“Truly I tell you, whatever you did for one of the least of these brothers and sisters of mine, you did for me” (Matthew 25:40, 45, NIV)
The valley was ablaze with light on a recent morning drive from Eagle Mountain. It reminded me of another drive, more than 50 years ago, when I served in the Student Mission Corp in Bolivia for the Church of the Nazarene. The exact date, I’ve long forgotten, but what occurred that day I will never forget.
Tom Spalding, a missionary who could do anything and everything, was navigating his Jeep truck over mountain roads (which may be a loose description here) from the mission station on Lake Titicaca to the village of Huarina on the Bolivian Altiplano, where we had planned a mobile clinic. Linda Spalding, a missionary nurse and Tom’s spouse, was already waiting there with several college volunteers for medical supplies that we would deliver.
The villagers and people from the entire area expected the clinic to open around noon. While some had returned to their homesteads after the deadline passed, many continued to wait patiently for one of the only opportunities for medical support they would receive for months.
We were late because engine problems had forced a stop in the middle of the road (again, not much of a road, more like a trail). Tom pulled out his toolbox and worked to repair the Jeep. Several hours later, he cranked it up, and we were on our way; no service station, no tow truck, no AAA – just Tom and his toolbox. I was totally useless, but Tom loved to talk while he worked, so I benefitted from his narrative on the gospel and years of service in the mission field.
We finally arrived about 7 p.m., and it was already dark. Patients had built a fire outside of what I remember to be a church and were cooking a llama on a rotisserie spit. Tom assured me that llama was a lot like lamb, but the thought wasn’t very comforting. I had learned that, when in the field and meat is served, it is best to claim vegetarian status. However, cultural sensitivity and my better judgment soon outweighed my wariness of Tom’s “llama tastes like lamb” explanation, and I joined the feast.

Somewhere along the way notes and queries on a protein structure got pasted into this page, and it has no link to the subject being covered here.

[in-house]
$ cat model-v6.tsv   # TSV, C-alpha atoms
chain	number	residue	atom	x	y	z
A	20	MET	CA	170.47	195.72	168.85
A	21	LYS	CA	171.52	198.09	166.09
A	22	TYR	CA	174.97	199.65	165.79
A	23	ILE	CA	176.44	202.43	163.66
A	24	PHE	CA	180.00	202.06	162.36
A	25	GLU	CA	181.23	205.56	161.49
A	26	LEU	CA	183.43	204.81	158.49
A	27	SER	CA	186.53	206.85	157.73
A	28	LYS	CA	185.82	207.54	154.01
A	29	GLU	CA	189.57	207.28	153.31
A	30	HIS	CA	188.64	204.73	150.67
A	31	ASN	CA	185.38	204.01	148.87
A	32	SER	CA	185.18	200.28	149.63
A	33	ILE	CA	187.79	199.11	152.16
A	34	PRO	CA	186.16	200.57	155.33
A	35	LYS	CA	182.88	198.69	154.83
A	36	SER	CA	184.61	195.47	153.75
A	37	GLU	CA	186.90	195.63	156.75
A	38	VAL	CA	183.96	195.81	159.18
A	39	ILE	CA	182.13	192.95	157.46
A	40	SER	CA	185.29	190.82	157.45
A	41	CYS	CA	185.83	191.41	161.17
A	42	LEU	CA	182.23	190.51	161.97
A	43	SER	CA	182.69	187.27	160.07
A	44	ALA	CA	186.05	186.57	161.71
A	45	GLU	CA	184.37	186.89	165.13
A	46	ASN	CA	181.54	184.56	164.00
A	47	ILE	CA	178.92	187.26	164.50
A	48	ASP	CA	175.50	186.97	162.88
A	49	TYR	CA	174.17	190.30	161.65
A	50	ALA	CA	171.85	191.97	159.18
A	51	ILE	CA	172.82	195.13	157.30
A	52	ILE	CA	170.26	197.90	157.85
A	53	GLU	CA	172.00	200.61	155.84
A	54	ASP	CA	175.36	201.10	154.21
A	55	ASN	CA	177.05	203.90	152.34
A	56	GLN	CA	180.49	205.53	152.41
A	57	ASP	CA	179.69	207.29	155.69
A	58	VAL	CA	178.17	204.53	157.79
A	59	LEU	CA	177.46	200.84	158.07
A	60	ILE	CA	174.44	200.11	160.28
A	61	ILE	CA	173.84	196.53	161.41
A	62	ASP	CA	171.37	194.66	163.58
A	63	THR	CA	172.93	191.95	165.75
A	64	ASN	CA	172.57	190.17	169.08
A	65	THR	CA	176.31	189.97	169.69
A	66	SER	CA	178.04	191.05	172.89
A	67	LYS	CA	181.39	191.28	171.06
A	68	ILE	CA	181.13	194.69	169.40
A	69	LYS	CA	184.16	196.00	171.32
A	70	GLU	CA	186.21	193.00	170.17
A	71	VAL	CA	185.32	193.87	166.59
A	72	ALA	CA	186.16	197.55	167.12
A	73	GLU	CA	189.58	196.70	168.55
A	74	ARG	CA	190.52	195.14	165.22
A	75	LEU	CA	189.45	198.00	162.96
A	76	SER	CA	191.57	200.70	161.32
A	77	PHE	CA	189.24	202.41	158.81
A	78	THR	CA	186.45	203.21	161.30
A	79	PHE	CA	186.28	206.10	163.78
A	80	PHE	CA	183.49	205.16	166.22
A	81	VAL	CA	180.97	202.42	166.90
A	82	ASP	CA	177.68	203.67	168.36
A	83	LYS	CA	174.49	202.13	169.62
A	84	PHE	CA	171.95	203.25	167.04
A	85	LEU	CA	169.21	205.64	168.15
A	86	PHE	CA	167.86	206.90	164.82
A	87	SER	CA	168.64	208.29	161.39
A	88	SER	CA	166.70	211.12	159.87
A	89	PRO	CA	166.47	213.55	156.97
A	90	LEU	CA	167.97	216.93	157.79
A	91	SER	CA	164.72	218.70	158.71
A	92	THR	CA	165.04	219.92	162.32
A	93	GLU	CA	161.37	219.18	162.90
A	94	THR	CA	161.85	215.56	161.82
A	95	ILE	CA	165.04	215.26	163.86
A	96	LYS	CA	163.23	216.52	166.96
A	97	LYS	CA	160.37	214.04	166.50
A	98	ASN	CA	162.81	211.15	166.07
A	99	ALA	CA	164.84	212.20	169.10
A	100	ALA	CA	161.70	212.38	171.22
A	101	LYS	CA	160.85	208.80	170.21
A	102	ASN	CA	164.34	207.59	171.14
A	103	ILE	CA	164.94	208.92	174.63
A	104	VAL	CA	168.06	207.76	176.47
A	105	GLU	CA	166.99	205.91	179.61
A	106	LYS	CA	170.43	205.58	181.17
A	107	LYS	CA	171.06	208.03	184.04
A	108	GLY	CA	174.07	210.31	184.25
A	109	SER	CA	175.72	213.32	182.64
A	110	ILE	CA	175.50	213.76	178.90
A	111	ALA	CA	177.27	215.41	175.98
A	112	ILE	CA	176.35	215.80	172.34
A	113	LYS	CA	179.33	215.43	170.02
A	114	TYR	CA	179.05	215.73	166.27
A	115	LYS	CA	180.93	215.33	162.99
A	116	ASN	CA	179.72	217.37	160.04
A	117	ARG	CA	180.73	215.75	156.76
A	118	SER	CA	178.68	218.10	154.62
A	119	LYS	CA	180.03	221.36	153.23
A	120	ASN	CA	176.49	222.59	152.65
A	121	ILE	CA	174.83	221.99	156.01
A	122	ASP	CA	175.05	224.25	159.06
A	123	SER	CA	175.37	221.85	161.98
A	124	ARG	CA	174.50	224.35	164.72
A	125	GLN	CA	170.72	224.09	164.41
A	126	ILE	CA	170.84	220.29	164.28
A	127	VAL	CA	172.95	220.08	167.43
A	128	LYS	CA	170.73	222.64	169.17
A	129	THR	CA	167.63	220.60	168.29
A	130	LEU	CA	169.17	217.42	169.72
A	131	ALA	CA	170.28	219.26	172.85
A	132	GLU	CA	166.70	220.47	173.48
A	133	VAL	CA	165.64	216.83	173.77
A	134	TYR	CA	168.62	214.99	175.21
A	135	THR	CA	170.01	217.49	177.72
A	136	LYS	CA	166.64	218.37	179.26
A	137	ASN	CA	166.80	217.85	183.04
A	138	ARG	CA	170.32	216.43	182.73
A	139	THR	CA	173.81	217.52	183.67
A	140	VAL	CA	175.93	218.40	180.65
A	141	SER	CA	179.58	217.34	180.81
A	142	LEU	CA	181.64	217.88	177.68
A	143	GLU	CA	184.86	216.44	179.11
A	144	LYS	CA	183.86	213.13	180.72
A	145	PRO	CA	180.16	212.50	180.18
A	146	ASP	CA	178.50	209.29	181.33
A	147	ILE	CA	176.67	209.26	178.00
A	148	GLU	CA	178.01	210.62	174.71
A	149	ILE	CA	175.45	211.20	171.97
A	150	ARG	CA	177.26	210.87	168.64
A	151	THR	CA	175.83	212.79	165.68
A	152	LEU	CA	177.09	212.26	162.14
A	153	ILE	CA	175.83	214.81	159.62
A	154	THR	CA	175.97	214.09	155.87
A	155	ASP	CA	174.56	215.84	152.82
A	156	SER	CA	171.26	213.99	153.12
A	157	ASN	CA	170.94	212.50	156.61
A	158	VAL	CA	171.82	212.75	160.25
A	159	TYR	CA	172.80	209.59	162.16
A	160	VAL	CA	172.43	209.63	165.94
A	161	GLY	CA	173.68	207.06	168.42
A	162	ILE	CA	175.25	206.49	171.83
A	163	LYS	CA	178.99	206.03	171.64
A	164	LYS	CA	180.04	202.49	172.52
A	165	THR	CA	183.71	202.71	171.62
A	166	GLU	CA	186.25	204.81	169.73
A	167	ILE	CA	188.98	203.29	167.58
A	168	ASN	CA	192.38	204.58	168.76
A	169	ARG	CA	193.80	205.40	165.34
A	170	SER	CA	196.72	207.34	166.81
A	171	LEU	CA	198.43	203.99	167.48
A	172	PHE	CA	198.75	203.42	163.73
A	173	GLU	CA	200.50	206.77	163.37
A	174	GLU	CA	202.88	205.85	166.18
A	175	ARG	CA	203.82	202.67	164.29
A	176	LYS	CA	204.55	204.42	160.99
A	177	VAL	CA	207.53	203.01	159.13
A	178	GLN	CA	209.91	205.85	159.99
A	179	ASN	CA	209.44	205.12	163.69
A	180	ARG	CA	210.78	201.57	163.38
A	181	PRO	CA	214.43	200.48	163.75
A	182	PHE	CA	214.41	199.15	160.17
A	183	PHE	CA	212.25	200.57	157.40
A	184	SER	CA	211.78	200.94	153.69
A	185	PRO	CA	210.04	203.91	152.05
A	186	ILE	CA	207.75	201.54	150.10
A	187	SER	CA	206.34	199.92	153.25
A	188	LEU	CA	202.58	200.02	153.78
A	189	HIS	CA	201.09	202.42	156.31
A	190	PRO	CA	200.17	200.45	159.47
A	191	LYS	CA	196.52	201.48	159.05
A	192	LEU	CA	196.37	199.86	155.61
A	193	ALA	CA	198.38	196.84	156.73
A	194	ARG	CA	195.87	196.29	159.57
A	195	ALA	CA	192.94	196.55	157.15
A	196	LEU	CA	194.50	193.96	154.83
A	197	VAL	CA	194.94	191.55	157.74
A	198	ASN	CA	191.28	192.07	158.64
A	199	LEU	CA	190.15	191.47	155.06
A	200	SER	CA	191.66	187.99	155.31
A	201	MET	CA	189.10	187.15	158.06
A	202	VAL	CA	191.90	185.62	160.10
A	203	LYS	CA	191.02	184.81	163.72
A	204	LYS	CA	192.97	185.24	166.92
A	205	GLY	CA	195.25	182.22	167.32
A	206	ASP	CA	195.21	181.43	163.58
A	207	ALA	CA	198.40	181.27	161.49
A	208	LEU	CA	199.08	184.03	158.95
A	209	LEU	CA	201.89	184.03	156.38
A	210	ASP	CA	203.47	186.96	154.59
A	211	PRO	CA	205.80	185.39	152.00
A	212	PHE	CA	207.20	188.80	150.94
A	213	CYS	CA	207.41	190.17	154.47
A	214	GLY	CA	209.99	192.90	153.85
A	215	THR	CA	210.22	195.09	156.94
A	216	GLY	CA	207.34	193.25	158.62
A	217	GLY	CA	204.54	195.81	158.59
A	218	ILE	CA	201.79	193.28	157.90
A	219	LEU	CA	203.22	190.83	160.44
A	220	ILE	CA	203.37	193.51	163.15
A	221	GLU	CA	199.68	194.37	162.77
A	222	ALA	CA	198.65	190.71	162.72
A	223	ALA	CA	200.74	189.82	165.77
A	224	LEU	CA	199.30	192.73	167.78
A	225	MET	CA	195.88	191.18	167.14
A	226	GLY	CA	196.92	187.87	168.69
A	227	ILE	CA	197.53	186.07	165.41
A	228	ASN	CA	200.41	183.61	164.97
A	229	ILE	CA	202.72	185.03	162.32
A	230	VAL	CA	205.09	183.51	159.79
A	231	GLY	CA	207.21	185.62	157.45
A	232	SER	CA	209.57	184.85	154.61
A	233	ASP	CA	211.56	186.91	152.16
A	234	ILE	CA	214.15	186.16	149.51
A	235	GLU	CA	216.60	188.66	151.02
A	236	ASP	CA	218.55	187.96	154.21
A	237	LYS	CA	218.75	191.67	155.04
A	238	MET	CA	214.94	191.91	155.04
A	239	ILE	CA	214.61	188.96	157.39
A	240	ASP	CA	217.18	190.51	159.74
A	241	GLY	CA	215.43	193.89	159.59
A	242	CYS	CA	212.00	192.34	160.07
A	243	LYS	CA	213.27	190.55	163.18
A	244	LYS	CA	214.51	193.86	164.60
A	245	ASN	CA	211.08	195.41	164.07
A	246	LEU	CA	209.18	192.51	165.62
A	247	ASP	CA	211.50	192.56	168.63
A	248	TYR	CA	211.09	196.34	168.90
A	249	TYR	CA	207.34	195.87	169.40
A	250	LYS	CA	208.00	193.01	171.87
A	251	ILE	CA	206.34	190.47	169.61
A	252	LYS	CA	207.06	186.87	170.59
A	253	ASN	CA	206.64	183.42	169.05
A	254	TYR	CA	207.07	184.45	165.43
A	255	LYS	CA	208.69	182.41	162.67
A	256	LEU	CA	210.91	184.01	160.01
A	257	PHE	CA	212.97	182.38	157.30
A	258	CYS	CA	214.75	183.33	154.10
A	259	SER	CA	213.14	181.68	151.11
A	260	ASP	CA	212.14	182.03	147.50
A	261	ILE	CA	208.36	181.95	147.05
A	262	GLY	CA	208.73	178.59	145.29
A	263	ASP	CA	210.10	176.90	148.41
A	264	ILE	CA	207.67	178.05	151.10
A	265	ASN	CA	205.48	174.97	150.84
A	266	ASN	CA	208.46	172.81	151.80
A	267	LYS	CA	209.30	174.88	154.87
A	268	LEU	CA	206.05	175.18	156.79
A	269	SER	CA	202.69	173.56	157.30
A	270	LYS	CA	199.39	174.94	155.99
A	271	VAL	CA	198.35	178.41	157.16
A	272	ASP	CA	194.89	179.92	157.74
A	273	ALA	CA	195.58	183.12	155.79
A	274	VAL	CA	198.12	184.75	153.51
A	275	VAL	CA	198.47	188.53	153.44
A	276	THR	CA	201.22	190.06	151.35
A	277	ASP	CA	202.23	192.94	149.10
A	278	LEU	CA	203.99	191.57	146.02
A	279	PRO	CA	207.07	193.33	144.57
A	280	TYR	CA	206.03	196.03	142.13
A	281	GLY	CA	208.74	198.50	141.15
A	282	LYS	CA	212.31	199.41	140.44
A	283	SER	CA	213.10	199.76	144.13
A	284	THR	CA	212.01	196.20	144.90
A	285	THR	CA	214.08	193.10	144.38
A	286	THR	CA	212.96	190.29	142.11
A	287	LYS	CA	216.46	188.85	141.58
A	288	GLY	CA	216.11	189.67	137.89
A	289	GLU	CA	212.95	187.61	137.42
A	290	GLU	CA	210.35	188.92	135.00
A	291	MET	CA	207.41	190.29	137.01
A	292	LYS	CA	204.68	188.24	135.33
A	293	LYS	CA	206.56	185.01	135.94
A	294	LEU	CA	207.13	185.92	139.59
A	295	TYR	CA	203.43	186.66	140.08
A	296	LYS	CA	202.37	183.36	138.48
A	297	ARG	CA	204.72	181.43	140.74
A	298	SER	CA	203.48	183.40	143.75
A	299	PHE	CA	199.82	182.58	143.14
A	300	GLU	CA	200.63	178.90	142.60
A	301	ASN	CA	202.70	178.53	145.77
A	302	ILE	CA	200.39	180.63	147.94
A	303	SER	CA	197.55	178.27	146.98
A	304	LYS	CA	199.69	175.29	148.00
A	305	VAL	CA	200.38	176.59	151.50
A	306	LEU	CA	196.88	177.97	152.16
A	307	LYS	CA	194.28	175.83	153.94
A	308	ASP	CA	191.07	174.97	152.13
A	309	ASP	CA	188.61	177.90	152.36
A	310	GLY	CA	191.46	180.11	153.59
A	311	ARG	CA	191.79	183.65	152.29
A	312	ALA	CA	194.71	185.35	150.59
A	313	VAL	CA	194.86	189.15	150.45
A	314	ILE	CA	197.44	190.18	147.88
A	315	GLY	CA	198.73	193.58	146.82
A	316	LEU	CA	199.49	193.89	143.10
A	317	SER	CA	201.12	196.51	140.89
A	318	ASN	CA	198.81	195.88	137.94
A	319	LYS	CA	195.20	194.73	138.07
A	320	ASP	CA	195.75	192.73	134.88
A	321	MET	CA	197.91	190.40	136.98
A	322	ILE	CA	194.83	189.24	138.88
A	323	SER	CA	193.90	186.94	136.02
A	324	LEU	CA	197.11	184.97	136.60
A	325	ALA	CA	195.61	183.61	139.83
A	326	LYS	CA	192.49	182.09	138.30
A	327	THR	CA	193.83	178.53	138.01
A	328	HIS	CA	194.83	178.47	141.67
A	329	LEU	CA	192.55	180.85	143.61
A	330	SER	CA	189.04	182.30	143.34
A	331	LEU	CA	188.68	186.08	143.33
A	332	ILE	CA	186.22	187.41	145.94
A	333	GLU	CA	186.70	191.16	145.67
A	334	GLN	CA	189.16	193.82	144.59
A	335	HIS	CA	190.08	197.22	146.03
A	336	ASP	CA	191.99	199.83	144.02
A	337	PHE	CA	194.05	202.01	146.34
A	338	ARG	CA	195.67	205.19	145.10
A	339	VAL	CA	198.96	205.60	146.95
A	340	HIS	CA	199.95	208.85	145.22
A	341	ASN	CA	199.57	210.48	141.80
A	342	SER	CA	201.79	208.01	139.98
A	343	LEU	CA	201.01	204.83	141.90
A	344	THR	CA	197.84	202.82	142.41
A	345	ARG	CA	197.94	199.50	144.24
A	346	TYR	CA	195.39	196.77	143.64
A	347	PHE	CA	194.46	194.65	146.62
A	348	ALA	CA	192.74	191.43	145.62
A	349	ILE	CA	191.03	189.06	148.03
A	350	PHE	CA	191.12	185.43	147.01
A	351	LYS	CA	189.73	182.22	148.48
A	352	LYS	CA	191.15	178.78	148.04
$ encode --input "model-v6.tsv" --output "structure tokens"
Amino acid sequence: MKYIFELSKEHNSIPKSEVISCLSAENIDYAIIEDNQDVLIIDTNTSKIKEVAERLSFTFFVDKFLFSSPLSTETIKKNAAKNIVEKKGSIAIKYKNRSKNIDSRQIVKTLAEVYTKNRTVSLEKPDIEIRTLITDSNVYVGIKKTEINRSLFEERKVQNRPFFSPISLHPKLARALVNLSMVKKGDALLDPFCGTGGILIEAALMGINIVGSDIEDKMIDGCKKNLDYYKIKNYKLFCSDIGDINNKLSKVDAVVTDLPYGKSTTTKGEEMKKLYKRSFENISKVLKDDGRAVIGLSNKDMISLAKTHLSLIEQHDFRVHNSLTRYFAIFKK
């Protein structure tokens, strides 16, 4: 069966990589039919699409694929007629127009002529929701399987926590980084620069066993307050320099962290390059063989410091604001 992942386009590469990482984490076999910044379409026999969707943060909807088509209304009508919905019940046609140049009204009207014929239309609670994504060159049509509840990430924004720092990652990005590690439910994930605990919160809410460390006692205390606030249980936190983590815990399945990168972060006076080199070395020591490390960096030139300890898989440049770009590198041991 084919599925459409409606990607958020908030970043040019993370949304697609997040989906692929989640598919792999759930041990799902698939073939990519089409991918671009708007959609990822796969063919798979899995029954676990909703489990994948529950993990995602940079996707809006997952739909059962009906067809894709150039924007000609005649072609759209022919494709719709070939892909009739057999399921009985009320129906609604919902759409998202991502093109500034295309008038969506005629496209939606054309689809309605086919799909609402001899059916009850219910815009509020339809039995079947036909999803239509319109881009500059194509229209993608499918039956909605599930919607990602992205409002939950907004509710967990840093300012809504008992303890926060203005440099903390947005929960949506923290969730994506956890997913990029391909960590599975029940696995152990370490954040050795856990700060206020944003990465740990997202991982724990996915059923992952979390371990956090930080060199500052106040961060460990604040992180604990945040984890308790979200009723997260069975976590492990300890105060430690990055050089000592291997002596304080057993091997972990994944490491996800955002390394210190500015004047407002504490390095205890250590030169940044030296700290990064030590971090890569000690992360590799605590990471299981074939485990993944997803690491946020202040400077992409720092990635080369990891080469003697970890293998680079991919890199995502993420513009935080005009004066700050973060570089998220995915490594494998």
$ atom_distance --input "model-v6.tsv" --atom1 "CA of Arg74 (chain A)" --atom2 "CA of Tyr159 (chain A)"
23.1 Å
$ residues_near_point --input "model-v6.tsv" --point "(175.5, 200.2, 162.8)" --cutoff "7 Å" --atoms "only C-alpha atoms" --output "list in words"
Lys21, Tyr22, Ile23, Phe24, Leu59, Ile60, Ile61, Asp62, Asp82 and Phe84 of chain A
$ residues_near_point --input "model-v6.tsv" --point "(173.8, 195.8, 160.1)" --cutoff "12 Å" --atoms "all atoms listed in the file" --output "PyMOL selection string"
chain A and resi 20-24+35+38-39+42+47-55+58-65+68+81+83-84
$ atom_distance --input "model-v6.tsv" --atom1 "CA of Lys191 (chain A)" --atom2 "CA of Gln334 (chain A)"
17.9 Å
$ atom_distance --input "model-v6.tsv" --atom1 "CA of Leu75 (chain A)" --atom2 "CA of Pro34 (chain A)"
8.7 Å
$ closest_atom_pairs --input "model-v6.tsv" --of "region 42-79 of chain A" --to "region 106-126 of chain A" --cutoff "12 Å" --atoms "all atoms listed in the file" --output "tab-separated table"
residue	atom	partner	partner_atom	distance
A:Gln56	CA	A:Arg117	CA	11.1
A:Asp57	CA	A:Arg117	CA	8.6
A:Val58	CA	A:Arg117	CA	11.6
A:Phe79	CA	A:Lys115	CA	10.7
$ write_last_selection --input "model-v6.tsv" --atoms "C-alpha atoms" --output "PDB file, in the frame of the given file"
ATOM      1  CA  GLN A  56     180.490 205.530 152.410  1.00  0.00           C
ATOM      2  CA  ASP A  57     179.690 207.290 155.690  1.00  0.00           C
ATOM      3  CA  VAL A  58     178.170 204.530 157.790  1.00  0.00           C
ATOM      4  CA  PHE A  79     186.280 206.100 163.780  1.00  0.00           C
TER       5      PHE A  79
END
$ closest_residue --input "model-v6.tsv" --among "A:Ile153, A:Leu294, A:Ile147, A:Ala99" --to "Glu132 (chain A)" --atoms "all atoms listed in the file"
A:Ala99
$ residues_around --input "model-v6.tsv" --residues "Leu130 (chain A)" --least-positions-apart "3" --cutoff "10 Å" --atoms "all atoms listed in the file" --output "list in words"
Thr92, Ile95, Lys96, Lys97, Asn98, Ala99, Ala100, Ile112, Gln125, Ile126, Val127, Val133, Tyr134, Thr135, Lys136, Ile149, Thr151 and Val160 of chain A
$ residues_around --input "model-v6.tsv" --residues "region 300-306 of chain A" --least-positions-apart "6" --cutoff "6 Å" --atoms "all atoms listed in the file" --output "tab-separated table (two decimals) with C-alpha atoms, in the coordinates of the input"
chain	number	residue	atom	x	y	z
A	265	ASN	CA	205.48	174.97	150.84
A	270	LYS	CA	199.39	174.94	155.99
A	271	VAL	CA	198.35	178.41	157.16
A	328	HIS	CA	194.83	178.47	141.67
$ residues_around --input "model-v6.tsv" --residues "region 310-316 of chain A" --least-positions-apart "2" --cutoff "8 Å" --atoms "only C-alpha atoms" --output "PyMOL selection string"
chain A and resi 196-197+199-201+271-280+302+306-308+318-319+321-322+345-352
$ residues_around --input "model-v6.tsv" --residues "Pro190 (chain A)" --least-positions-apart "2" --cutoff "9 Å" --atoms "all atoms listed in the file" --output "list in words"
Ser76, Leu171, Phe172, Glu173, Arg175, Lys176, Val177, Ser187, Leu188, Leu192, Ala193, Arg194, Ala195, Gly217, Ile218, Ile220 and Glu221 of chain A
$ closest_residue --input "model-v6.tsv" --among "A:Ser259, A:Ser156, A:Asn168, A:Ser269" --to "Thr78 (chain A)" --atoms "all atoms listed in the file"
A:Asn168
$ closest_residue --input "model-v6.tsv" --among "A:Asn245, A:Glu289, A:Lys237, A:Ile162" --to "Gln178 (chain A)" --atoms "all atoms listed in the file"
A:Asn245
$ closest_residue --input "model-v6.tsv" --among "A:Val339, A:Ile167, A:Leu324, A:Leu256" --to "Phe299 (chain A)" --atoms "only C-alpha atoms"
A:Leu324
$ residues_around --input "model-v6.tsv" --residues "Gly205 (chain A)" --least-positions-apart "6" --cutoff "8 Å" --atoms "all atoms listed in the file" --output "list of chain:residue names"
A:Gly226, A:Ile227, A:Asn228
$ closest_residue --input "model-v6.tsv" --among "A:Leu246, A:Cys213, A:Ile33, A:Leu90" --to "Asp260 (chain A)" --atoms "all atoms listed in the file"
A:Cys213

The fire grew larger, and as we unloaded supplies, Linda and the other volunteers started the clinic. Tom and I rested in the church to eat our meal, and it was there I discovered another survival skill of fieldwork – there were no utensils. So we ate with our hands and used our socks as napkins, a strategy I have practiced many times since while in the field, on a sailboat, and hiking.
Tom and I went outside after dinner and warmed ourselves by the fire. I saw what looked like individual flickers of flame approaching our camp on the horizon. Apparently, people in the valley had seen our fire and, under torchlight, followed its glow to the clinic. As they arrived, the travelers would toss their torch into the fire. As the flames grew, more people could see our beacon on the horizon and made their way to the medical camp. There seemed to be hundreds of torches in the valley slowly moving our way.
The torchlights reflected both danger and opportunity: People had to travel in the dark across barren terrain to seek help for their families. Yet, they were greeted with compassion and medical skill, and we remained open until the last torch found its way to the fire. It was midnight before sleep found us in the church, only to resume the clinic in the morning.
My early morning trip, with lights sparkling on the horizon in the wintry cold of dawn, reminded me that seekers are the torchlight that feeds the flame – illuminating and healing “the least of these brothers and sisters of mine” while spreading peace and joy. People in my life, like the Spaldings, build the fire that draws the seekers to our holiday festival of hope.
My friends, this New Year, build the fire and be the light others seek.
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